As part of their initial pitch to the American film studios for â€˜’Saw”, Leigh Whannell and James Wan shot a sequence from their script and packaged it together with the script. Inevitably, it was that short scene (the head-trap sequence) that sold the execs at Lionsgate.
Ironically, the filmmakers behind the film Whannell is now acting in, the downunder horror pic â€˜’Dying Breed”, did the same thing – they shot a teaser trailer to convince investors that their production was worth pouring money into.
â€˜’They flew [actors] Clayton Watson and Tammin Sursok, and two other people, to Tasmania and they shot a few scenes for a trailer”, explains Whannell’s co-star in the film, Nathan Phillips. “It’s a great way to go about it. It’s proof – visual proof that you’ve got what it takes to pull it off”
A modest Whannell, whose since seen his modestly-budget horror series spawn into an unstoppable and mega-successful franchise, says he and â€˜’Saw” partner Wan don’t deserve the credit.
â€˜’Jamie Blanks did it first. He directed Urban Legend. That was a big hot story â€˜Australian director gets big Hollywood gig'”, says Whannell. â€˜’How he got that film was he put up his own money to direct a trailer for I Know What You Did Last Summer – I heard $30,000 – which he had the script of.
“[Jamie] took so long to do it though that they’d hired someone else to direct the film by the time he’d finished it. He sent it over anyway and the producer of that film said â€˜We can’t give you this job, we’ve got someone else, but guess what? We like what you did’. They gave him Urban Legend. James and I were at Uni[versity] when that happened and that was a big inspiration for us. And now we’ve got people getting inspiration from us for the same reason – but seriously Jamie Blanks deserves all the credit for kicking off that trend”.
Though both Whannell and Phillips – a rising young Australian actor whose starred in such films as â€˜’Wolf Creek”, “West”, “You and Your Stupid Mate” and the American blockbuster â€˜’Snakes on a Plane” – usually have to audition for most roles they go for (Phillips actually tells us of a 9-hour audition he did for the Matthew McConaughey film “Surfer, Dude” – which he consequently got – after the interview), this one was a straight offer.
â€˜’Yeah, we actually got offers!”, explains Phillips. â€˜’We’d call each other and say â€˜Are you gonna do?’ â€˜I dunno, are you gonna do it?’ â€˜If you do it, I’ll do it’. I’d met Leigh on One Perfect Day, so we already had a connection, so it was essentially a no-brainer – we actually liked the script too of course – and Geoffrey Hall was shooting it. It had a lot of things going for it – the story of the Pieman, the fact that it would shoot in Tasmania, feature the Tasmanian tiger. It also reminded me of Deliverance.”
The film, directed by newcomer Jody Dwyer, tells of a Zoology student, Nina (Mirrah Foulkes) who is headed to Tasmania to find the apparently-extinct Tasmanian Tiger, something her sister was looking into just before she died in an â€˜accident’. Joining Nina on her journey are partner, Matt (Whannell) and his old mate Jack (Phillips) and his girlfriend Rebecca (Melanie Vallejo).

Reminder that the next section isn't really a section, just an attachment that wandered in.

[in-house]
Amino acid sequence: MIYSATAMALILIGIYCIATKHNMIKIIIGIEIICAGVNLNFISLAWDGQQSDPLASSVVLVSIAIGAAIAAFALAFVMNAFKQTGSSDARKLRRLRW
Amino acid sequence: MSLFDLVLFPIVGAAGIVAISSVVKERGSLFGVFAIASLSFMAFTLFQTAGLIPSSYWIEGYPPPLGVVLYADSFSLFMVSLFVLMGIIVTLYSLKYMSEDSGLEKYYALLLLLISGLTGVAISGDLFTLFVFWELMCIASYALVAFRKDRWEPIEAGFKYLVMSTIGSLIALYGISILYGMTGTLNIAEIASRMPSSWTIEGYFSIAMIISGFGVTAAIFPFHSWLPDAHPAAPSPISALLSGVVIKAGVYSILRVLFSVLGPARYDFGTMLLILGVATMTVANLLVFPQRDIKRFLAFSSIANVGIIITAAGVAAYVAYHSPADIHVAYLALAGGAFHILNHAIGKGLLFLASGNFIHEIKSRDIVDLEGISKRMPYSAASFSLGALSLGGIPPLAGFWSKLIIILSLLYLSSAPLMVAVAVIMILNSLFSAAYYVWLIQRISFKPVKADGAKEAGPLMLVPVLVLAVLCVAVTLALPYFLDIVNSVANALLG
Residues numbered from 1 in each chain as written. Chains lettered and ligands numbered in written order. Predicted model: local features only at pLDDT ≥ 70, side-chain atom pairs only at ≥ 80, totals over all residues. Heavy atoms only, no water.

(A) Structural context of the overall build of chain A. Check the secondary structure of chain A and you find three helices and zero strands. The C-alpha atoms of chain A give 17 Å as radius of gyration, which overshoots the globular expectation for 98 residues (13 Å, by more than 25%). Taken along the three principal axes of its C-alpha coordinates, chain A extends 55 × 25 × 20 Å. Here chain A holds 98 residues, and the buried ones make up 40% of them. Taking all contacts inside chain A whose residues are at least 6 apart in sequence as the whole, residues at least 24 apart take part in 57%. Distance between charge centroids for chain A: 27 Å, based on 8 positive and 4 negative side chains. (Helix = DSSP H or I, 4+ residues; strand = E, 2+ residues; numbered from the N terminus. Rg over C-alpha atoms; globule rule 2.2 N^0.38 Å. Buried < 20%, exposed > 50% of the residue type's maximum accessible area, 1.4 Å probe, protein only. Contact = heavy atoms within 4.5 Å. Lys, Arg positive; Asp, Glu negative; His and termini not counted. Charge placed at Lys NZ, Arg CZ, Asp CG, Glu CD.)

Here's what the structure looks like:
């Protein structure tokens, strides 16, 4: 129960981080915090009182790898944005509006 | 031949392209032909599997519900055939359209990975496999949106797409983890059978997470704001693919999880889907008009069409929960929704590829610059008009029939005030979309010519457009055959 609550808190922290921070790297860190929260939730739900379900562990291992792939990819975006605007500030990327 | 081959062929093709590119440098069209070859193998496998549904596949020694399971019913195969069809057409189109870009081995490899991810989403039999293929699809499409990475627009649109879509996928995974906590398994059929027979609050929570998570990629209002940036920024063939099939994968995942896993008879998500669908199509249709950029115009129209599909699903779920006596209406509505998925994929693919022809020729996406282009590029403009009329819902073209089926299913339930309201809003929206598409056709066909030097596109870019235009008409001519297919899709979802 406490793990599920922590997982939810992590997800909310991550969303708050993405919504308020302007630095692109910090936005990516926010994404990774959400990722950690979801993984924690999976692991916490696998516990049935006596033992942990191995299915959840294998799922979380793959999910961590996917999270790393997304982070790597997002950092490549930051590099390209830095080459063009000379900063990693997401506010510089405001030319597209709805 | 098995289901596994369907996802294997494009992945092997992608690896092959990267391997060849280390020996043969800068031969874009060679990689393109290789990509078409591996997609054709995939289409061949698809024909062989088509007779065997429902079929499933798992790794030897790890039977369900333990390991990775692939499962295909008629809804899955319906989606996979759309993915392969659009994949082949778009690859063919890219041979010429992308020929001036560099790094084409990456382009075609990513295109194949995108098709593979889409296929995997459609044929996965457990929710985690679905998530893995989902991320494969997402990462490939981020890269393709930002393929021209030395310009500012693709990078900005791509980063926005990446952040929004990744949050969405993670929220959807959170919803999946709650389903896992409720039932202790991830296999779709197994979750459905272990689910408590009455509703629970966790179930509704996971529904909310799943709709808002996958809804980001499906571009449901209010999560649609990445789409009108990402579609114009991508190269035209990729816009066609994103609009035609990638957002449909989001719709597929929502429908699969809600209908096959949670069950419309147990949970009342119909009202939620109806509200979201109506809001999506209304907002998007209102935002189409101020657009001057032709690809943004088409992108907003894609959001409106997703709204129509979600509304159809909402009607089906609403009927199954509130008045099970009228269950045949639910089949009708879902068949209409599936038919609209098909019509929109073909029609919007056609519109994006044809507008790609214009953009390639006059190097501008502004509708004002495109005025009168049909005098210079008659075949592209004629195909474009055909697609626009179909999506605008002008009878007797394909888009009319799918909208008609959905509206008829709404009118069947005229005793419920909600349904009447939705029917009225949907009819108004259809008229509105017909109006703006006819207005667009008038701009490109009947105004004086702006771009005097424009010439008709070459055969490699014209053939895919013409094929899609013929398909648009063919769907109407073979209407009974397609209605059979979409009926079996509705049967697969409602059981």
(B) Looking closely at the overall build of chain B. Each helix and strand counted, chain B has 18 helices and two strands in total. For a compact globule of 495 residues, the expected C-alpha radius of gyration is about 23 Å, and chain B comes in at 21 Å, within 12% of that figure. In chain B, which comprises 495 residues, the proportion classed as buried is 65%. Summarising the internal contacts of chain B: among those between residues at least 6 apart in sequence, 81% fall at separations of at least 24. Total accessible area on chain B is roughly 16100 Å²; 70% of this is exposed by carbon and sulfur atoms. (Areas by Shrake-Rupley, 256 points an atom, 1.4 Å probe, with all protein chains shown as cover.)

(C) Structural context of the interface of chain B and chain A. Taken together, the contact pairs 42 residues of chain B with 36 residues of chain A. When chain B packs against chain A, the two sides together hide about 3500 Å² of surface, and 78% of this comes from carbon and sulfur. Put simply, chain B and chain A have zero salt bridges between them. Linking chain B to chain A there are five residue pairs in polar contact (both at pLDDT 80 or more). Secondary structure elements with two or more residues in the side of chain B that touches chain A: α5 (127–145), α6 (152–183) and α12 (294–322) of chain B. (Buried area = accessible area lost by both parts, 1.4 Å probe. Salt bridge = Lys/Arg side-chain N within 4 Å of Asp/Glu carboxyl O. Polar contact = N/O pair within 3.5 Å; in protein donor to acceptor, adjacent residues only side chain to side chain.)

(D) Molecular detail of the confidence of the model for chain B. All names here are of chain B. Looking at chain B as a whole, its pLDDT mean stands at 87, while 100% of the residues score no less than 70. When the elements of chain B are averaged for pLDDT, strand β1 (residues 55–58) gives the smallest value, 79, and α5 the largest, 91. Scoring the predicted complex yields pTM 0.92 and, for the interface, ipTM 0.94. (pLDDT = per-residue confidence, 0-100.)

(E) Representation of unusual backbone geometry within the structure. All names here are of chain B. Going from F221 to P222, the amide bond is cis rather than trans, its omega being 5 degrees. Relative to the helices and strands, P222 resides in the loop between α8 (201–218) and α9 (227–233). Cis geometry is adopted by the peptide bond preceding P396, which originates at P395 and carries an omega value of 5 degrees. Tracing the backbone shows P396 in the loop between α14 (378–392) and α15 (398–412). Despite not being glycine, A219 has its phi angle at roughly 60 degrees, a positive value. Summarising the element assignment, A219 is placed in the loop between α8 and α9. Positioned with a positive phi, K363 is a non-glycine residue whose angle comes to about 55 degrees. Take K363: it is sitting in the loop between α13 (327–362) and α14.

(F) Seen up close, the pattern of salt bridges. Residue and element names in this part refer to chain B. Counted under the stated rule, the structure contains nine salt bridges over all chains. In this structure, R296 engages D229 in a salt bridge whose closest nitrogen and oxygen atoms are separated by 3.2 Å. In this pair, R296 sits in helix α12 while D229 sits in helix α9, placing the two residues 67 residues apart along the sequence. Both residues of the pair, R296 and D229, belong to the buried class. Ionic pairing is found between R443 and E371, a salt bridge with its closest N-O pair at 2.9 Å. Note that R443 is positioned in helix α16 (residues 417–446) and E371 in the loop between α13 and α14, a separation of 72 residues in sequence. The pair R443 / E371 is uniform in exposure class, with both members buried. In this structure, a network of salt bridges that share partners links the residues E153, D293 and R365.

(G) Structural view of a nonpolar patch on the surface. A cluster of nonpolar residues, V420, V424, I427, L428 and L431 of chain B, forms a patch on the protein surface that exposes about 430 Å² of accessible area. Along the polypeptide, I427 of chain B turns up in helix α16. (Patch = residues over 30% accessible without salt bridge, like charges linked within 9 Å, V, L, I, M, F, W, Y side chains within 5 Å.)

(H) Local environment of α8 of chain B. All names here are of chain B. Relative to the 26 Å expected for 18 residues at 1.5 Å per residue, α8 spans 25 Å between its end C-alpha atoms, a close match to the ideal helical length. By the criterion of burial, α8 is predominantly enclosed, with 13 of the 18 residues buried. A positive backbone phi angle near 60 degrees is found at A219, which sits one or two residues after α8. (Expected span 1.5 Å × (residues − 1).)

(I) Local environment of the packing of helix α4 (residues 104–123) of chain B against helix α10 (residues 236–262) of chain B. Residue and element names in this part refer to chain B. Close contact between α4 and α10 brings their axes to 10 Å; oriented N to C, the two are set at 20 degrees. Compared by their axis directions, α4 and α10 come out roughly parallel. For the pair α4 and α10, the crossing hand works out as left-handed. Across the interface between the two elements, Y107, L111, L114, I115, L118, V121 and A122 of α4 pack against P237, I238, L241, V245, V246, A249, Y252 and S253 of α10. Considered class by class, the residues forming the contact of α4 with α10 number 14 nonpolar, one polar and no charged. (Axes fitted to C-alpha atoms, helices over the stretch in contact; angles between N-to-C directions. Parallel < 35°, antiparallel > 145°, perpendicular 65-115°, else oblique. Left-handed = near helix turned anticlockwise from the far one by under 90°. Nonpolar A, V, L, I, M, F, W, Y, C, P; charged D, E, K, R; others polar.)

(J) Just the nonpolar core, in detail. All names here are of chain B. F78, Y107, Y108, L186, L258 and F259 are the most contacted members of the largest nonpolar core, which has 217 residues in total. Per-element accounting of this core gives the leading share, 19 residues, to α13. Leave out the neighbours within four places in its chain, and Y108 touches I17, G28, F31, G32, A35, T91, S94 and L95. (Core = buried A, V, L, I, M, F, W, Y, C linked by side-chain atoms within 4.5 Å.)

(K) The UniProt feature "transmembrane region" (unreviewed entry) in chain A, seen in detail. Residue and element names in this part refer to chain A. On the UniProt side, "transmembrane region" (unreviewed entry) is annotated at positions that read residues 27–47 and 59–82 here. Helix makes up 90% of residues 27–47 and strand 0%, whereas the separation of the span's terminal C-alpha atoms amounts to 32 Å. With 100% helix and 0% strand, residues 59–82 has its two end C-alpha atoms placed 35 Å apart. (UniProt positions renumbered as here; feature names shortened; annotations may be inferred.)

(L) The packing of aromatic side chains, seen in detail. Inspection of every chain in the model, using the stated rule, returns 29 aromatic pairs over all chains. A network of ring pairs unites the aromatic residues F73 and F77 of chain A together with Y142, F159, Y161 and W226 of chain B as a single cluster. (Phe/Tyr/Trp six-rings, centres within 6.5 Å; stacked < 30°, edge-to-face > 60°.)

Not surprisingly, it’s not the Tiger that sees lunch when the four arrive into town – but the locals, most of whom are related to a 1800s cannibal convict who had a taste for human flesh.
Phillips plays the more rambunctious and unruly member of the troupe.
â€˜’I wanted to play [Leigh’s] character [though]”, admits Phillips.
â€˜’I would’ve gotten the big sex scene then, you would’ve had to have been sensitive”, responds Whannell.
â€˜’I’m really glad I played the character I did now” says Phillips, chuckling.
It goes without saying that the success of other local home-grown horror films, like Greg McLeans â€˜’Wolf Creek”, pathed the way for Dywer’s gory cannibal flick.
â€˜’Yeah, it’s probably easier to get the money because of things like Wolf Creek’, says Whannell, a former entertainment journalist.
â€˜’Yeah, the proof is in the pudding”, adds Phillips. â€˜’You look at what films have been successful of late – the ones generating money – and they’re like Hostel, 28 Days Later. There’s a huge horror following. Horror week in L.A is huge. They’ve been making these types of films for a long time, they just haven’t had any real success with Australian ones of late.
â€˜’They say it’s a resurgence, but it’s been there… they’ve never gone… go back through the film catalogues. People have been doing this a long time, it’s just that these films haven’t been in the spotlight.”
The distributors are quite aware of Phillips and Whannell’s reputation in the horror community – streaming from their involvement in both â€˜’Wolf Creek” and â€˜’Saw” – and so have plonked them names atop of the movie poster.
â€˜’It’s great that people see us as helping this resurgence of the [Australian horror] film. I’m hoping this one is a wholesome cinematic experience. Thanks to the success of Wolf Creek and Saw, it allows the film a bit more of a chance. I don’t want to recommend my mates go see a shit film. I’ve called all my friends and family up to ask them to come and check out the film tonight. I don’t want it to be like â€˜I’m awesome bro! Come watch it! I’ve got a sex scene in it!’ I want them to have a good time – popcorn in the air, squeeze from the girlfriend… I still remember crying tears of happiness when my dad took me to see Spaceballs – I want them to really enjoy this movie like I did that. And I believe they will”.
DYING BREED is now showing